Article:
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Commentary: Simone Biles stepped back from the Olympics for her own self-care. The world should pay attention.

Simone Biles did one vault at the Tokyo Olympic Games on Tuesday and then said no more for today. She pulled out of the Team USA Gymnastics event, and they still will come home with the silver. On Wednesday it was announced that Biles also withdrew from the individual all-around competition.

During July 27th’s “3rd Hour of Today,” Hoda Kotb was interviewing Biles and her teammates, and Biles said, “We hope America still loves us.”

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How can the country not love this team, comprising: Biles, Jade Carey, Jordan Chiles, Sunisa Lee, Grace McCallum and MyKayla Skinner? Biles, the GOAT who is the commercial darling of the Tokyo Olympics (one just has to see her greatness in the many commercials that she’s in), decided to step back from the main stage when the world was watching and cheer, coach and bolster her teammates on the sidelines.

While the world sucked in their collective breath and sat in surprise, I for one, did a head nod to her poise and sportsmanship, and breathed a sigh of relief that Biles did not remove herself from further competition due to injury. Instead, she admitted to her feelings under the microscope.

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“I truly do feel like I have the weight of the world on my shoulders at times. I know I brush it off and make it seem like pressure doesn’t affect me but damn sometimes it’s hard.” She went on to tell Kotb that she was “super frustrated” and while physically, she felt good, “emotionally, it varies on the time and moment.”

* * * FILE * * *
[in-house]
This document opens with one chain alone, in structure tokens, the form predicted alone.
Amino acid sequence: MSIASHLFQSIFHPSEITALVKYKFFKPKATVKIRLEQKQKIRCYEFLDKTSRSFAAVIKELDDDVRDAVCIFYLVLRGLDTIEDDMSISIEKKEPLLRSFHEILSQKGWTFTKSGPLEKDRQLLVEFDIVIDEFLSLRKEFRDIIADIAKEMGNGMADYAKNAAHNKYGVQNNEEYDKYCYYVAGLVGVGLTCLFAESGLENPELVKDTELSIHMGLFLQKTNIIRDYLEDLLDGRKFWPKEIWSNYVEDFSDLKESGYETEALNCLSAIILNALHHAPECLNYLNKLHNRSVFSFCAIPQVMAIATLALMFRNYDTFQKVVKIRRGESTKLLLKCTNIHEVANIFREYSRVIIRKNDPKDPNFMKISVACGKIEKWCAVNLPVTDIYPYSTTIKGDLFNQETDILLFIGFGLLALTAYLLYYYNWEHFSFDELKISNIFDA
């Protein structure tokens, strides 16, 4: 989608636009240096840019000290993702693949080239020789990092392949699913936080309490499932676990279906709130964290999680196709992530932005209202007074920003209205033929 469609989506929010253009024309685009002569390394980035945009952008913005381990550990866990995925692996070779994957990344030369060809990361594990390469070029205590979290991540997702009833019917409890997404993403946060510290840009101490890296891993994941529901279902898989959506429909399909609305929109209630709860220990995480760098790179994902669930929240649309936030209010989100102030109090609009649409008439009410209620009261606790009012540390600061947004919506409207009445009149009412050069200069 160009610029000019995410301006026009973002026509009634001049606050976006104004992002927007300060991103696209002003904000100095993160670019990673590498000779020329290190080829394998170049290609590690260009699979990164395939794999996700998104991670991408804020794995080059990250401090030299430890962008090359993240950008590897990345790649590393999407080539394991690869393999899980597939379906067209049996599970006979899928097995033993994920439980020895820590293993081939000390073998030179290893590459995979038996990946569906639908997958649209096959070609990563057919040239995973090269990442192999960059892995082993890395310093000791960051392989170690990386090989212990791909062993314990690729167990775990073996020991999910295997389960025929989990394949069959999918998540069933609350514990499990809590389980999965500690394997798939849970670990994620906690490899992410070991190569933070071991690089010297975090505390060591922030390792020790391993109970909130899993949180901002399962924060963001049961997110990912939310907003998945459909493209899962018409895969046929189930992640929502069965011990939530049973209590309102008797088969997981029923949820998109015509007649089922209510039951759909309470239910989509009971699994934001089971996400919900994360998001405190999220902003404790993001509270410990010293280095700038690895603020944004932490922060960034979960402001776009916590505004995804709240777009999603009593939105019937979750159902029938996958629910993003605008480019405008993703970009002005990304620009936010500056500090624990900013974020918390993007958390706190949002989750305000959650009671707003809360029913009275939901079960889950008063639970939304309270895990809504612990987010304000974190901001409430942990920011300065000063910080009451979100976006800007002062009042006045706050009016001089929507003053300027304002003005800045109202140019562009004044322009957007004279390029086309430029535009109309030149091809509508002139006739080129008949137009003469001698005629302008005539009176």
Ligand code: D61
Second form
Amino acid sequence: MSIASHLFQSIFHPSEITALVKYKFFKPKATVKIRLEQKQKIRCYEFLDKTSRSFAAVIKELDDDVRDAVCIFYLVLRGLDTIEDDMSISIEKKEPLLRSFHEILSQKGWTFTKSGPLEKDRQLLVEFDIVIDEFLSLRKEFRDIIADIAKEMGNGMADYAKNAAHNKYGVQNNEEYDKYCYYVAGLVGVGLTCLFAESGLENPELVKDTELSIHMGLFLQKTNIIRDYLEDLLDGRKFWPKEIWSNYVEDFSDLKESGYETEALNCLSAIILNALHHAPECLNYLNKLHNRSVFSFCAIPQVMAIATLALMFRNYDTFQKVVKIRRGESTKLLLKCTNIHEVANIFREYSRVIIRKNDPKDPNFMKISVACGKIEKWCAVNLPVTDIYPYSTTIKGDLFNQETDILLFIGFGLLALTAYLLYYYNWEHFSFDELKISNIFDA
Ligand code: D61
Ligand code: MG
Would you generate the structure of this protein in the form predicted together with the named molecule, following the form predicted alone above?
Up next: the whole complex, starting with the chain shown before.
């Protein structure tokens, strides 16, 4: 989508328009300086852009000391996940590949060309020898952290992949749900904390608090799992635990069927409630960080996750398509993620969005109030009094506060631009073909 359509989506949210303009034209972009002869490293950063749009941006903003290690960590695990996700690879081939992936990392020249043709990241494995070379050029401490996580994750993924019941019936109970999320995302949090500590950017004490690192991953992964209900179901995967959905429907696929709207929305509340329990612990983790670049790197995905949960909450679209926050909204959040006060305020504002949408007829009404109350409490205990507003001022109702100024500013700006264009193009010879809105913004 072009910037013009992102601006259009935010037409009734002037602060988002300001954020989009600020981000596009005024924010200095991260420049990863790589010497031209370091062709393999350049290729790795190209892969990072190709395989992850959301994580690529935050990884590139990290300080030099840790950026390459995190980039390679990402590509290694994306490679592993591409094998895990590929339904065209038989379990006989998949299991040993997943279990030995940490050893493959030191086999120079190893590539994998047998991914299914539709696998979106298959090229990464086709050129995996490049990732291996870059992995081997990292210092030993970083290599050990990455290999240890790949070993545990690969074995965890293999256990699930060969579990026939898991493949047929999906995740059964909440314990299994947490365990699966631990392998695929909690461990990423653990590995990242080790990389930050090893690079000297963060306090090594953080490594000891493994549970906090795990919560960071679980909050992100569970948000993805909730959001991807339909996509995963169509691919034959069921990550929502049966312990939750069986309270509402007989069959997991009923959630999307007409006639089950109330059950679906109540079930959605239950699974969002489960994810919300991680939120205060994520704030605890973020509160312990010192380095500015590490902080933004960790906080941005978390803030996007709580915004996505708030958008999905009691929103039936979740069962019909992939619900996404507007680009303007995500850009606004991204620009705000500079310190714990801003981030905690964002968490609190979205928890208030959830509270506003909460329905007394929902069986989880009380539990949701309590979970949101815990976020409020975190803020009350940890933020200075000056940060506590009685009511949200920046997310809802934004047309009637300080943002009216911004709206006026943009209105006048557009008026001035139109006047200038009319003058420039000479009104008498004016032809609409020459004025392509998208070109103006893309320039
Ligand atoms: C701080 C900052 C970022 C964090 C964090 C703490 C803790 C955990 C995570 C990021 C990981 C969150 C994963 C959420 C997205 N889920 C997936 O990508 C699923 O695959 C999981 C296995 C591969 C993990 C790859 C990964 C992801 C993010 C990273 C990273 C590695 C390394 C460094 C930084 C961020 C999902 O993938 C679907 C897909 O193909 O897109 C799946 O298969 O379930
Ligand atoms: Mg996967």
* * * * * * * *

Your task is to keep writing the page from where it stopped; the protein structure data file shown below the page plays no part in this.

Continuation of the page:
I don’t know about you, but that’s the modus operandi for most on a day-to-day basis even without performing on a global stage. Add to that being a Black woman in America, and society may not know how to measure the stress by traditional means. Folks are taken aback by her decision, but I’m more in shock at seeing the world is surprised.

It’s not like we haven’t seen this earlier this year with Naomi Osaka, who withdrew from the French Open. It’s not like Biles hadn’t mentioned using therapy prior to the Games. Trust was a concern, pain was lingering after practices now more than it did when she was younger. The 24-year-old said she was doing gymnastics not for herself, but for the rest of the world.

“I know that this Olympic Games I want it to be for myself,” she told Reuters. “I came in and it felt like I was still doing it for other people, so that just hurts my heart that doing what I love has been kind of taken away from me to please other people.”

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For someone who tallied four golds and six total medals at the 2016 Rio Games, including gold medals in the all-around and vault competitions, Biles does not have anything to prove. She’s the most decorated U.S. women’s gymnast ever with 31 World/Olympic medals, per USA Gymnastics. If she wants to do nothing but TED Talks and sudoku for the rest of her life, she’s earned it. She’s proved it time and time again in her dedication and commitment to a sport that is still reeling from Larry Nassar’s impact.

She will be headlining a “Gold Over America” tour that comes to Allstate Arena Oct. 17, which will be a mixture of sports and entertainment intended to inspire the next generation of female athletes.